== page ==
Giant walk-through eyeball to headline science center at Aviation Museum

LOWER TOWNSHIP, N.J. (WPVI) -- It's a museum for military members who once kept a vigilant eye in the sky. Soon, it will be home to an enormous eyeball that you just have to see to believe.

"Every day I walk in here, I get a feeling of euphoria from what's happening," said Dr. Joseph Salvatore, the founder of the Naval Air Station Wildwood Aviation Museum.

Dr. Salvatore served in the Medical Corps with the United States Army during the Korean War.

"I got an opportunity to see the results of war," said the retired orthopedic surgeon. That life-changing experience inspired his later work as a preservationist.

Dr. Salvatore and his wife purchased the Naval Air Station Wildwood building in 1997 for just a dollar. Otherwise, it would have been torn down. Since then, they designed a museum that has attracted thousands with more than two dozen planes on display.

"We're particularly proud now, because on the second floor of this building, we are creating a science center," said Dr. Salvatore. "The premier exhibit, of course, is the eyeball."

Dr. Salvatore envisioned an attraction akin to the heart at the Franklin Institute. The Institute has worked closely with NAS Wildwood, often handing down pieces from retired exhibits. Those items will find new life with the Aviation Museum's science center, scheduled to open in late summer or early fall 2021.

Until then, handyman Bob Moser will be hard at work crafting a piece unlike any he's completed before.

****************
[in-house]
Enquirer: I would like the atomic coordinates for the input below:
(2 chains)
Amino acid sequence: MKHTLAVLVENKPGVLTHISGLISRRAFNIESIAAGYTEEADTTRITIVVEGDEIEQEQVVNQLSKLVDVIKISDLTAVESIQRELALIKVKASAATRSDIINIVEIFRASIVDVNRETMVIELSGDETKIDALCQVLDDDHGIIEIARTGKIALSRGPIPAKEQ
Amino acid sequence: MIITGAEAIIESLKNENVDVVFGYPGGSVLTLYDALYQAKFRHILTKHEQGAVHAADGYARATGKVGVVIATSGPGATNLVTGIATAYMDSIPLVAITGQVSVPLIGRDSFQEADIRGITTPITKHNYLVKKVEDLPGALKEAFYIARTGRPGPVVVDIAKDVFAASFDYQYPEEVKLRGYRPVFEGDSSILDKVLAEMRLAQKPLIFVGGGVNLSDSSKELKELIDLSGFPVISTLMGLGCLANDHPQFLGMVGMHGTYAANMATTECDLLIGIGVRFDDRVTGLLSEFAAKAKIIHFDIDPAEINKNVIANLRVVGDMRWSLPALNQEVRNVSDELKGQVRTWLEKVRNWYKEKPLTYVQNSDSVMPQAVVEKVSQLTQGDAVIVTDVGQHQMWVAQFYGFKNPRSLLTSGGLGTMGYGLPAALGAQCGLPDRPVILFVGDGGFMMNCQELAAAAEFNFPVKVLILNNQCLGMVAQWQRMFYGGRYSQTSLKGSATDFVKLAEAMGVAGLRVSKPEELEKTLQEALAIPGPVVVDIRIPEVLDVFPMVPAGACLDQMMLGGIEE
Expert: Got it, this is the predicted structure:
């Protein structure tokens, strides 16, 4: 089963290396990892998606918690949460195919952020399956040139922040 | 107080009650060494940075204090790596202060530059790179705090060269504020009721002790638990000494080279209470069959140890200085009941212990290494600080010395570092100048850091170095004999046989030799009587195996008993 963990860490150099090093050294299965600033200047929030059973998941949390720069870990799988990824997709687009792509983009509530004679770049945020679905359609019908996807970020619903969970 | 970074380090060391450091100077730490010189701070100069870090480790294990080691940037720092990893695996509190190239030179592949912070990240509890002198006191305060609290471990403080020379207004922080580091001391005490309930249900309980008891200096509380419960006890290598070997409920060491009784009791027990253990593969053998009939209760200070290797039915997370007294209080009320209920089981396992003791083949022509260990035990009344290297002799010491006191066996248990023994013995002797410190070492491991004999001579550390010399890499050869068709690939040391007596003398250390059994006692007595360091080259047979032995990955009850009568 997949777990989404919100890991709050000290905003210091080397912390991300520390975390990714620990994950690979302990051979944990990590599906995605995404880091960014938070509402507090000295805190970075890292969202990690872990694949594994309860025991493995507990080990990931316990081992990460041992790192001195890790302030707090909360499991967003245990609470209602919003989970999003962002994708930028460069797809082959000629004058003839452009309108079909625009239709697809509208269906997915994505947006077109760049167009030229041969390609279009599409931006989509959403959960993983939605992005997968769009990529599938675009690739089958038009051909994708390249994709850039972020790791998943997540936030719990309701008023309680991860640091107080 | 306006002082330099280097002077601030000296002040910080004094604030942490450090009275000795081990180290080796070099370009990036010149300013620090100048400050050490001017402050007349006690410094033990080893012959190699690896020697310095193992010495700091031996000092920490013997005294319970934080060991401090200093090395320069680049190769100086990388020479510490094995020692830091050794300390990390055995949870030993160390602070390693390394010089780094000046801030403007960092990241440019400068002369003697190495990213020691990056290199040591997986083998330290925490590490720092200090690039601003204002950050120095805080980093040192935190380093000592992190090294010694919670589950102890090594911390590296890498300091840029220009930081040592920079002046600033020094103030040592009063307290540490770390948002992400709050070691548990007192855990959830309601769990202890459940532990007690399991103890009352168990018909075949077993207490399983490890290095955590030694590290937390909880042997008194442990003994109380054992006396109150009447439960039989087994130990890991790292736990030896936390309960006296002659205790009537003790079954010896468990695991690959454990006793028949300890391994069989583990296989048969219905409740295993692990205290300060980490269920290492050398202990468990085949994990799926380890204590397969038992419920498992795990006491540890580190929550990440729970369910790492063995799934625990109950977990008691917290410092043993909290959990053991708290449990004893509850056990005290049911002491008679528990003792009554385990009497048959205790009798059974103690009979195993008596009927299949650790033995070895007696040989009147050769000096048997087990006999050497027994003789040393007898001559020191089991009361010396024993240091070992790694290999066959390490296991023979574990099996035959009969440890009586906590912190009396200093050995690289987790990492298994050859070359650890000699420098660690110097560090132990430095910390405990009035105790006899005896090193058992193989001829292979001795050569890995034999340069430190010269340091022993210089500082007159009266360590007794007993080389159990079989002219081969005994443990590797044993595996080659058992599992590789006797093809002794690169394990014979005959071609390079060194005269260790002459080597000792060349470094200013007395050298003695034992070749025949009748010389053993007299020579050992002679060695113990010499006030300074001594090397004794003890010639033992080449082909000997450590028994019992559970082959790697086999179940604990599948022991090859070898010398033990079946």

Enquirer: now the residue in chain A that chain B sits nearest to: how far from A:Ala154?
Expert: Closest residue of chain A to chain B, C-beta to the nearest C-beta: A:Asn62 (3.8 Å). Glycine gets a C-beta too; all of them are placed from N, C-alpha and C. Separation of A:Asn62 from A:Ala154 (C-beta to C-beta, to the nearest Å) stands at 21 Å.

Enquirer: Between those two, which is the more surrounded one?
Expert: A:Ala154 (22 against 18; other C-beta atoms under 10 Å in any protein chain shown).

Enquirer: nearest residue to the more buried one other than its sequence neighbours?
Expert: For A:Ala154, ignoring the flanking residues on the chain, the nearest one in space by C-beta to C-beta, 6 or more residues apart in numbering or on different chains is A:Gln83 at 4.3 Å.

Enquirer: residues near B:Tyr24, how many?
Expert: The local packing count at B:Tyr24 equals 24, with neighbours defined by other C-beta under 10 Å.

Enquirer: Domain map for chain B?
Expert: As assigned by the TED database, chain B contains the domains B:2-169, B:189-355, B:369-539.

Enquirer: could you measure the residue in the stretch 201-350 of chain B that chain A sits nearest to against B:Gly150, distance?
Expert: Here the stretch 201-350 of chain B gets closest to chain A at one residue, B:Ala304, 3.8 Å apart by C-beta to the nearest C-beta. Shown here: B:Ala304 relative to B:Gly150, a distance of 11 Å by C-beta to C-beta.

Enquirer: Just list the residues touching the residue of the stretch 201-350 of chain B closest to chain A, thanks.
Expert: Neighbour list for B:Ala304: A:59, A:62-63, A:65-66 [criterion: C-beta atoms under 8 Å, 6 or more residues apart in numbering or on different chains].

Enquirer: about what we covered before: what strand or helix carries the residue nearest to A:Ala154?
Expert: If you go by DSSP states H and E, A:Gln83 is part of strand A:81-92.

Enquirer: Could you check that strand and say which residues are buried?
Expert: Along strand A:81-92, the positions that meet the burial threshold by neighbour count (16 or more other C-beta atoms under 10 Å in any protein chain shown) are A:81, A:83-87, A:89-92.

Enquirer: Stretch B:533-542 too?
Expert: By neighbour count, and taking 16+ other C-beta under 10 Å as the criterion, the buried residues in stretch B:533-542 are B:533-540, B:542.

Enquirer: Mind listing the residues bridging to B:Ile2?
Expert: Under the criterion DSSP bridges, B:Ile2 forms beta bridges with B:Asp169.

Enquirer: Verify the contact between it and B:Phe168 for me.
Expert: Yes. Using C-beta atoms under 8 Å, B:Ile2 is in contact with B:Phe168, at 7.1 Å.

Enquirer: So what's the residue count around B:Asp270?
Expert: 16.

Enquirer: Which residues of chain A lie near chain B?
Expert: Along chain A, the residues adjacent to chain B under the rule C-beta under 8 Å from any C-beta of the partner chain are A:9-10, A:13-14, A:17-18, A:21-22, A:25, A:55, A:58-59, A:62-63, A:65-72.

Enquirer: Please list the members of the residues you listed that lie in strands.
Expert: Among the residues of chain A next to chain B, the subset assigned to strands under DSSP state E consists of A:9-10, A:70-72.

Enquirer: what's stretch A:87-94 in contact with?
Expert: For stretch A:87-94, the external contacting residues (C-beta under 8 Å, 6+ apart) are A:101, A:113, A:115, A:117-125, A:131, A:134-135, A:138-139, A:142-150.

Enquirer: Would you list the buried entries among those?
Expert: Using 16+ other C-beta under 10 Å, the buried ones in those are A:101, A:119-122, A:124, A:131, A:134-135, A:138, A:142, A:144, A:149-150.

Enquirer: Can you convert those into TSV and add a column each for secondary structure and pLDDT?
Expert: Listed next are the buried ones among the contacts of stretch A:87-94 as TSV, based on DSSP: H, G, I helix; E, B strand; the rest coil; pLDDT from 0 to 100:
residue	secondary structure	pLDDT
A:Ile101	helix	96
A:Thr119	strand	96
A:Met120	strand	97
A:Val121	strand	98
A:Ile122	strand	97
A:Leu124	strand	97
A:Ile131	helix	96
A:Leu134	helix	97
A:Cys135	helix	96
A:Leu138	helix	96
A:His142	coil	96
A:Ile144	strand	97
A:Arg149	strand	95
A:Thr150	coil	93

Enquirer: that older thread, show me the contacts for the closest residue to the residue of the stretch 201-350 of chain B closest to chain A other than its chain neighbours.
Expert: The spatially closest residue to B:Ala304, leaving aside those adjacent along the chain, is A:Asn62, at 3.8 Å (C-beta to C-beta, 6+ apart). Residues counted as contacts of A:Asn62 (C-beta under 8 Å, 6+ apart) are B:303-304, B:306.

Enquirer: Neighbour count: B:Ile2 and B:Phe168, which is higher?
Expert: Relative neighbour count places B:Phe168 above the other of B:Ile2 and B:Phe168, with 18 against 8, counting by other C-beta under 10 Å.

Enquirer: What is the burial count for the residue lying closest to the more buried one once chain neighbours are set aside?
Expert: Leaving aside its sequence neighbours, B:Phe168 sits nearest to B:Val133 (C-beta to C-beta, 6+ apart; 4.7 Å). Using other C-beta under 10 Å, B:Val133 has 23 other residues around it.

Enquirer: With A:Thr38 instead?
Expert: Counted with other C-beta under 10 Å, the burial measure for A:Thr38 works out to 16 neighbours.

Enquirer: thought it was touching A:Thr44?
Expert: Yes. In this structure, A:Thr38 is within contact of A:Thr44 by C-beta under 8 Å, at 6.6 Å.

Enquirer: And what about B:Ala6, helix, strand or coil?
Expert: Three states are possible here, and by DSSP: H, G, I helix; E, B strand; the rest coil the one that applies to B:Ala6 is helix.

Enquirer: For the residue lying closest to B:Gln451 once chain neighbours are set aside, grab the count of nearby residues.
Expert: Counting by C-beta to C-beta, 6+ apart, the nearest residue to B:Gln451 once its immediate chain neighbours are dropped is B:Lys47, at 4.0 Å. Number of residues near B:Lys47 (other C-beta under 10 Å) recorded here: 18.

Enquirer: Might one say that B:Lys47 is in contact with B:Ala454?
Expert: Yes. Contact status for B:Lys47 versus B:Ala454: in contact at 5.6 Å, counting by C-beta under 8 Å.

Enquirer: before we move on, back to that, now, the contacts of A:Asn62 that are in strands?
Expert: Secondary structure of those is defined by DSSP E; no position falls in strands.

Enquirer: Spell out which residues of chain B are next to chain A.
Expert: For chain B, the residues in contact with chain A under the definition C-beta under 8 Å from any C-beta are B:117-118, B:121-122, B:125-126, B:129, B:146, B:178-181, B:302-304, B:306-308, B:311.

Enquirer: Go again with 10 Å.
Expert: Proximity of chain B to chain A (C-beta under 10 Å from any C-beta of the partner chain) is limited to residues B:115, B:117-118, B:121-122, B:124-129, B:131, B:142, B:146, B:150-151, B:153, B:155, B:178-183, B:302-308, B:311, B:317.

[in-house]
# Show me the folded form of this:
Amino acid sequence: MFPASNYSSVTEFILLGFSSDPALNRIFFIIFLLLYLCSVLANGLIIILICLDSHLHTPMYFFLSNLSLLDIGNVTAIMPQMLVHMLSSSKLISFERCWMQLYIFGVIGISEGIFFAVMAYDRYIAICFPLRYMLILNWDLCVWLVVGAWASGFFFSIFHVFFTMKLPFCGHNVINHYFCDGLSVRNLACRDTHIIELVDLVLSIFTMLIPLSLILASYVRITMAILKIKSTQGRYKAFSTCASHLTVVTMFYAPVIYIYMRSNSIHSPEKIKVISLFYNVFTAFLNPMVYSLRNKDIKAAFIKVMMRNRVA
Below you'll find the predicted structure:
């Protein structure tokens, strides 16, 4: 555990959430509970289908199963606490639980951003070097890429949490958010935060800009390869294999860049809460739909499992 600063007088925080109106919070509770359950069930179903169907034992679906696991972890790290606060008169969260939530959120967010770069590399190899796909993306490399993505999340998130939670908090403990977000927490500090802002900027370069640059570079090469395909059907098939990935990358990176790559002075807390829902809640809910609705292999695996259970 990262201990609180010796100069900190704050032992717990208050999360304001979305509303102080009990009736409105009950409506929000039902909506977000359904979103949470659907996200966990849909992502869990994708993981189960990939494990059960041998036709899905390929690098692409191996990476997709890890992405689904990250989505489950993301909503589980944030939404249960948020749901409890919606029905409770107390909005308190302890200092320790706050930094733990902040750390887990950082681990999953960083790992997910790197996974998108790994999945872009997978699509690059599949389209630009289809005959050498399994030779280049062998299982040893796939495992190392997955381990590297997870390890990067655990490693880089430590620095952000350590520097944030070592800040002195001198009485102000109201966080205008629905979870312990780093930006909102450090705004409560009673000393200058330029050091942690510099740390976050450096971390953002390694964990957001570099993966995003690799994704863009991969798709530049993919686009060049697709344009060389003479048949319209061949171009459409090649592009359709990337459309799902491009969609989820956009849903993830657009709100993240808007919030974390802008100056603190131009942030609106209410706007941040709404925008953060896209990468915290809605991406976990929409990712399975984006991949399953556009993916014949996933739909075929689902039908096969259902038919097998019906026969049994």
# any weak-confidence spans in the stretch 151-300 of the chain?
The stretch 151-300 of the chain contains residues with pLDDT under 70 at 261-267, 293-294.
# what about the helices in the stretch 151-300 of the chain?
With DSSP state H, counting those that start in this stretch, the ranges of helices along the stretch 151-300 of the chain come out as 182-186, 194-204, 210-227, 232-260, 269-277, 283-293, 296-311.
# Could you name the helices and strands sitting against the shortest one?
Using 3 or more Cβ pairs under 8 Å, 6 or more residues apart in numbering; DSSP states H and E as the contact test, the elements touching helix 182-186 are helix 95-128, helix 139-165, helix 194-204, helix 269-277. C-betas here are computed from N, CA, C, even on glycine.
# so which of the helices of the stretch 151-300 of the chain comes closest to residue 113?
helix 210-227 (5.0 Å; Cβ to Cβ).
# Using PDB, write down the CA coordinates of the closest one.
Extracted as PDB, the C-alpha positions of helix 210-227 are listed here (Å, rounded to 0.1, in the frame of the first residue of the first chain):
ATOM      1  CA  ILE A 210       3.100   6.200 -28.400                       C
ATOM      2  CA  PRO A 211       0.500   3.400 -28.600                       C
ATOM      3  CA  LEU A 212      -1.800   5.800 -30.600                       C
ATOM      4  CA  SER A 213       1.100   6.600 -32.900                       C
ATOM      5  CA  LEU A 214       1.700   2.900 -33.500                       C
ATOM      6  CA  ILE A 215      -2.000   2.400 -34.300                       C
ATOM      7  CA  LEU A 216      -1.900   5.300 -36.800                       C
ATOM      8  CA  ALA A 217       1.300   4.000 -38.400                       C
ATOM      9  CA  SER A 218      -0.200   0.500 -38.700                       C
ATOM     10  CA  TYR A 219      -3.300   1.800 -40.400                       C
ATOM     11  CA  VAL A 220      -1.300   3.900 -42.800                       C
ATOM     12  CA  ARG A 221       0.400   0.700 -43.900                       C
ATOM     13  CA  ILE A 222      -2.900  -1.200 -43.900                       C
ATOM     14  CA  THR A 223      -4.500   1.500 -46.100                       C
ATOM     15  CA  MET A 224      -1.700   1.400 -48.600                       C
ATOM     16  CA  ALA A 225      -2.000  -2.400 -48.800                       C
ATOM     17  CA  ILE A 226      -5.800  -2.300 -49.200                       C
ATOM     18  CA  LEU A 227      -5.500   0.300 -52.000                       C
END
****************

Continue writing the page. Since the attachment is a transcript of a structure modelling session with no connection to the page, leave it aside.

"I have never made anything round this size," said Moser, who is also the Maintenance Supervisor at NAS Wildwood. "We want to do something that everyone will remember us for."

The giant sphere will be fitted with a curved television screen and interior graphics that unveil the inner workings of a real eyeball. Guests will be able to walk through the finished product as if it were a small tunnel.

Dr. Salvatore hopes the new exhibit will open eyes for children with regard to the military.

"This museum pays tribute to the 42 men who died training here during World War II," he said. "The military isn't often appreciated as much as it should be, and we hope that by preserving this hangar, they'll appreciate the military more and more."

They also hope it will help the museum soar to the attendance levels it enjoyed before the COVID-19 pandemic.

The NAS Wildwood Aviation Museum is currently open five days per week. Starting April 1st, it will be open seven days per week from 10:00am to 4:00pm. Its first floor contains a showroom of military planes. The second floor, which will house the giant eyeball, is currently under construction.

To learn more, visit their website.

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